In a few months, my husband and I will lose the affordable on-campus housing his graduate school provides. Losing housing means that our rent and utilities will double.

So we’re moving in with my parents.

It makes sense for other reasons, too: It’s uncertain when my husband will actually graduate, and we’ll likely move away after he does. This co-habitating period will give us some quality family time before that happens. Financially, it’s a huge boon; my parents aren’t charging us rent, so we can save for a down payment on a home. We think that saving a year’s worth of rent could leave us with a cool $25,000 in the bank.

While my parents are pretty pumped about us living with them, there will be some growing pains. To make our stay as smooth as possible, we’ve worked together to set some ground rules, which may work for you too. Here’s how to survive moving in with your parents.


My husband and I know better than to leave a dirty kitchen in our wake. We cook a lot – three homemade meals a day, every day. Right now, we tidy our kitchen each night. But we’ll clean up my parents’ kitchen each time we use it, to respect them and their home.


When money isn’t on the table, it’s important to contribute in other ways. While my parents won’t collect rent, they’re happy to cash in on dog-sitting hours. My parents devote themselves to their two young dogs and feel guilty when they work long days. They appreciate when I pop by their house on week days and check in on the dogs. I work from home, and since I’ll soon be working from their home, I’ll keep an eye on their pets. I’ll be responsible for bathroom breaks, walks, and the occasional round of fetch.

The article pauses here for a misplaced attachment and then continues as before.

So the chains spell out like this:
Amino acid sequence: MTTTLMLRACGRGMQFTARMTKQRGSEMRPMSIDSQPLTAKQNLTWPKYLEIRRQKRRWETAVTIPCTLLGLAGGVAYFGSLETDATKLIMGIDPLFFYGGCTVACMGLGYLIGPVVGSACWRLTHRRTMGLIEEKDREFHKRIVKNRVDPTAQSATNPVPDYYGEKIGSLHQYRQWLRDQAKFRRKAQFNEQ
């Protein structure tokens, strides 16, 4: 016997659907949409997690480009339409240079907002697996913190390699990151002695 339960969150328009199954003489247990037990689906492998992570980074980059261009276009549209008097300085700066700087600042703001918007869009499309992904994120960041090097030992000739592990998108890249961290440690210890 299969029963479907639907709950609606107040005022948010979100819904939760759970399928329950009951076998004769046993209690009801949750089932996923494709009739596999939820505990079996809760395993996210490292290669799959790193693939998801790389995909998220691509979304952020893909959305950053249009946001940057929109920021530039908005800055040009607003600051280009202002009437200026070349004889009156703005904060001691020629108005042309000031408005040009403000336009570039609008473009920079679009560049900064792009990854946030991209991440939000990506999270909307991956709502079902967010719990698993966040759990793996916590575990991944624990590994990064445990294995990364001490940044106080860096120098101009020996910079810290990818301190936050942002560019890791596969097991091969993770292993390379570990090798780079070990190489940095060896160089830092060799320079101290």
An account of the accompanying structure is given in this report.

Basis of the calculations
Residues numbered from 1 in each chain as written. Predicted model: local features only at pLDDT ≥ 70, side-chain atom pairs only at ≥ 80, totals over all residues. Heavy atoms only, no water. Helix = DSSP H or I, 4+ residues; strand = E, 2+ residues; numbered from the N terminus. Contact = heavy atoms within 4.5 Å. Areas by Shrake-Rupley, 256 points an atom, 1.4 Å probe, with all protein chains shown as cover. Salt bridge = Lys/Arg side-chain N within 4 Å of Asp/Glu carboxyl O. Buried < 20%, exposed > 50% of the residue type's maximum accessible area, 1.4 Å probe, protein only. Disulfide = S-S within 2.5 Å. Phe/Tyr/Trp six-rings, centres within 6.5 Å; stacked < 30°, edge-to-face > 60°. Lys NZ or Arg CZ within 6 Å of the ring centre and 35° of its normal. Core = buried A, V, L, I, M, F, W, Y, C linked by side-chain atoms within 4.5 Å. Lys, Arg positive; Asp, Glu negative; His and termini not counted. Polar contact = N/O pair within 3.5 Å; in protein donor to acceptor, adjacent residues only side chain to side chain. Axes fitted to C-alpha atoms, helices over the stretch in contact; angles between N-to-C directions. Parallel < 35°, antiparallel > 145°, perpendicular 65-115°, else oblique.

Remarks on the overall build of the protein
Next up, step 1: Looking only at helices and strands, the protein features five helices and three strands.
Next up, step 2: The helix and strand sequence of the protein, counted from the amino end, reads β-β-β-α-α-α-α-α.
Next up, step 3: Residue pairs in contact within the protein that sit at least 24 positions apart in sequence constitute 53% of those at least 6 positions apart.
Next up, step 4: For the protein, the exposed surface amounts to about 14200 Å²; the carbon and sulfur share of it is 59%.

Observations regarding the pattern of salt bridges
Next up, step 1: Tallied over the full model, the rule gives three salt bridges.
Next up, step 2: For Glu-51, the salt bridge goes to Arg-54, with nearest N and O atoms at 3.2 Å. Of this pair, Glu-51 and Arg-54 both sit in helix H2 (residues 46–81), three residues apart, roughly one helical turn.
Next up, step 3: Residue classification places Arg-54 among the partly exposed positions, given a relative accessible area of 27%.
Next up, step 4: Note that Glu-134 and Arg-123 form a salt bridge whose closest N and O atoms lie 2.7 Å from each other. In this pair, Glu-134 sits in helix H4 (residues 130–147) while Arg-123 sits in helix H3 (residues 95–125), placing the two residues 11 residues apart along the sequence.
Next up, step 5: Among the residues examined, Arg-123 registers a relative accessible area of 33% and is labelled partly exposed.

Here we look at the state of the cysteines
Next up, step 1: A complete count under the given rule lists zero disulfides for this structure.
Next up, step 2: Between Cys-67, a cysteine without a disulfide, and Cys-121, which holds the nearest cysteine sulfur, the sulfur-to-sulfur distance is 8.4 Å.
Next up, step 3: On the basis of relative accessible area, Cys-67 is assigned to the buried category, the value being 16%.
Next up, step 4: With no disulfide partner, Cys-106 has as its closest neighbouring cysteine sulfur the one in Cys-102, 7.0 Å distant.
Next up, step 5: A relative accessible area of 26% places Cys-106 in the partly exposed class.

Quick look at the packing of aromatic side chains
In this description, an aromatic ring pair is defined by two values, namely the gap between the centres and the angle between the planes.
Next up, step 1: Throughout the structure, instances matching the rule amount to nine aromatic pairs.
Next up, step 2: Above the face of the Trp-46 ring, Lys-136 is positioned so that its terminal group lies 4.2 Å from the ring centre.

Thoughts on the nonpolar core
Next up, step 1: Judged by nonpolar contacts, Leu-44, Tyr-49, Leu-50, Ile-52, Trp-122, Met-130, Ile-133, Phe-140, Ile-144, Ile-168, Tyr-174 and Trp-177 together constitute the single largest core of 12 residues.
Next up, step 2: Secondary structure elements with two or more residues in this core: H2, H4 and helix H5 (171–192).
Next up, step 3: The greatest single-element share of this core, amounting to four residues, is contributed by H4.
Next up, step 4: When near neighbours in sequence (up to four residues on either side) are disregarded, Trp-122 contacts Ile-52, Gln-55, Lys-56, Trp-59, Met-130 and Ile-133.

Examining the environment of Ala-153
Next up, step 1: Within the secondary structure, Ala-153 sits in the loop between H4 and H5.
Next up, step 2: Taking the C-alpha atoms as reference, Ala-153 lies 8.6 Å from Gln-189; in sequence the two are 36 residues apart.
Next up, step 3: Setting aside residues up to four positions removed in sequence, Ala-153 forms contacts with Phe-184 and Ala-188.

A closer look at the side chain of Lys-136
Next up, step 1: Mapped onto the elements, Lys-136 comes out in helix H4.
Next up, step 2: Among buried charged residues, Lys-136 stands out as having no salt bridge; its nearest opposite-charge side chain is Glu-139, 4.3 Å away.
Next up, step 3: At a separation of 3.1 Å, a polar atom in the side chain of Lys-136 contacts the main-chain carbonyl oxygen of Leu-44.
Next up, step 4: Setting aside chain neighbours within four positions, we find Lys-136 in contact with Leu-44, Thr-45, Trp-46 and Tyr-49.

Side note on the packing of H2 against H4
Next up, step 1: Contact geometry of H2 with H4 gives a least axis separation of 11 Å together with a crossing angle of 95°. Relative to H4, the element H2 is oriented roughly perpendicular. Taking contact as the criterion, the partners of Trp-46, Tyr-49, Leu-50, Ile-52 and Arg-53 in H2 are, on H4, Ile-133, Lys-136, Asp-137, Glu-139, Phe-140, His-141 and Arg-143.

If there is something all four of us have in common, it’s that we really don’t appreciate when neighbors are loud. Well, with four adults under one roof, things are about to get a little louder. My husband and I are early risers, so we’ll adjust our habits. Morning walks at 6:30 will cause the dogs to go crazy when we come back in the house, so we’ve all decided that before 7 a.m. and after 10 p.m., everyone will quiet down a bit.


I lived at home throughout college. Back then, I tried to institute a cleaning rule called “power hour” where my mom, dad, sister and I would each clean for an hour, instead of my mom doing four hours of cleaning. Then we could use the saved time to go do something fun together. Sadly, my plan didn’t take off. But when I moved in with my husband four years ago, power hour became a part of our Sunday routine. My parents expect us to do our fair share, but my husband and I plan to kick power hour up a notch when we move in with them. We’ll do mini power hours each day for 15 minutes or so to make sure our spaces, and the common areas, stay nice and clean. Putting in a little extra weight around the house is the least we can do to say thanks.


This one seems so simple but could be easy to overlook. If I’m going to the grocery store, I’ll ask if my parents need anything. If I do a hyper-specific pale pink load of laundry, I’ll ask my mom if I can wash her pink items. Need a ride to the airport? No problem. While I tell my parents how grateful I am for them all the time, in this case actions are going to be much louder than words.


We have been very open with my parents about our plan to move away once my husband graduates. They’re also aware that the end date may change. I plan to keep them up to date, so they never have to wonder about our plans.

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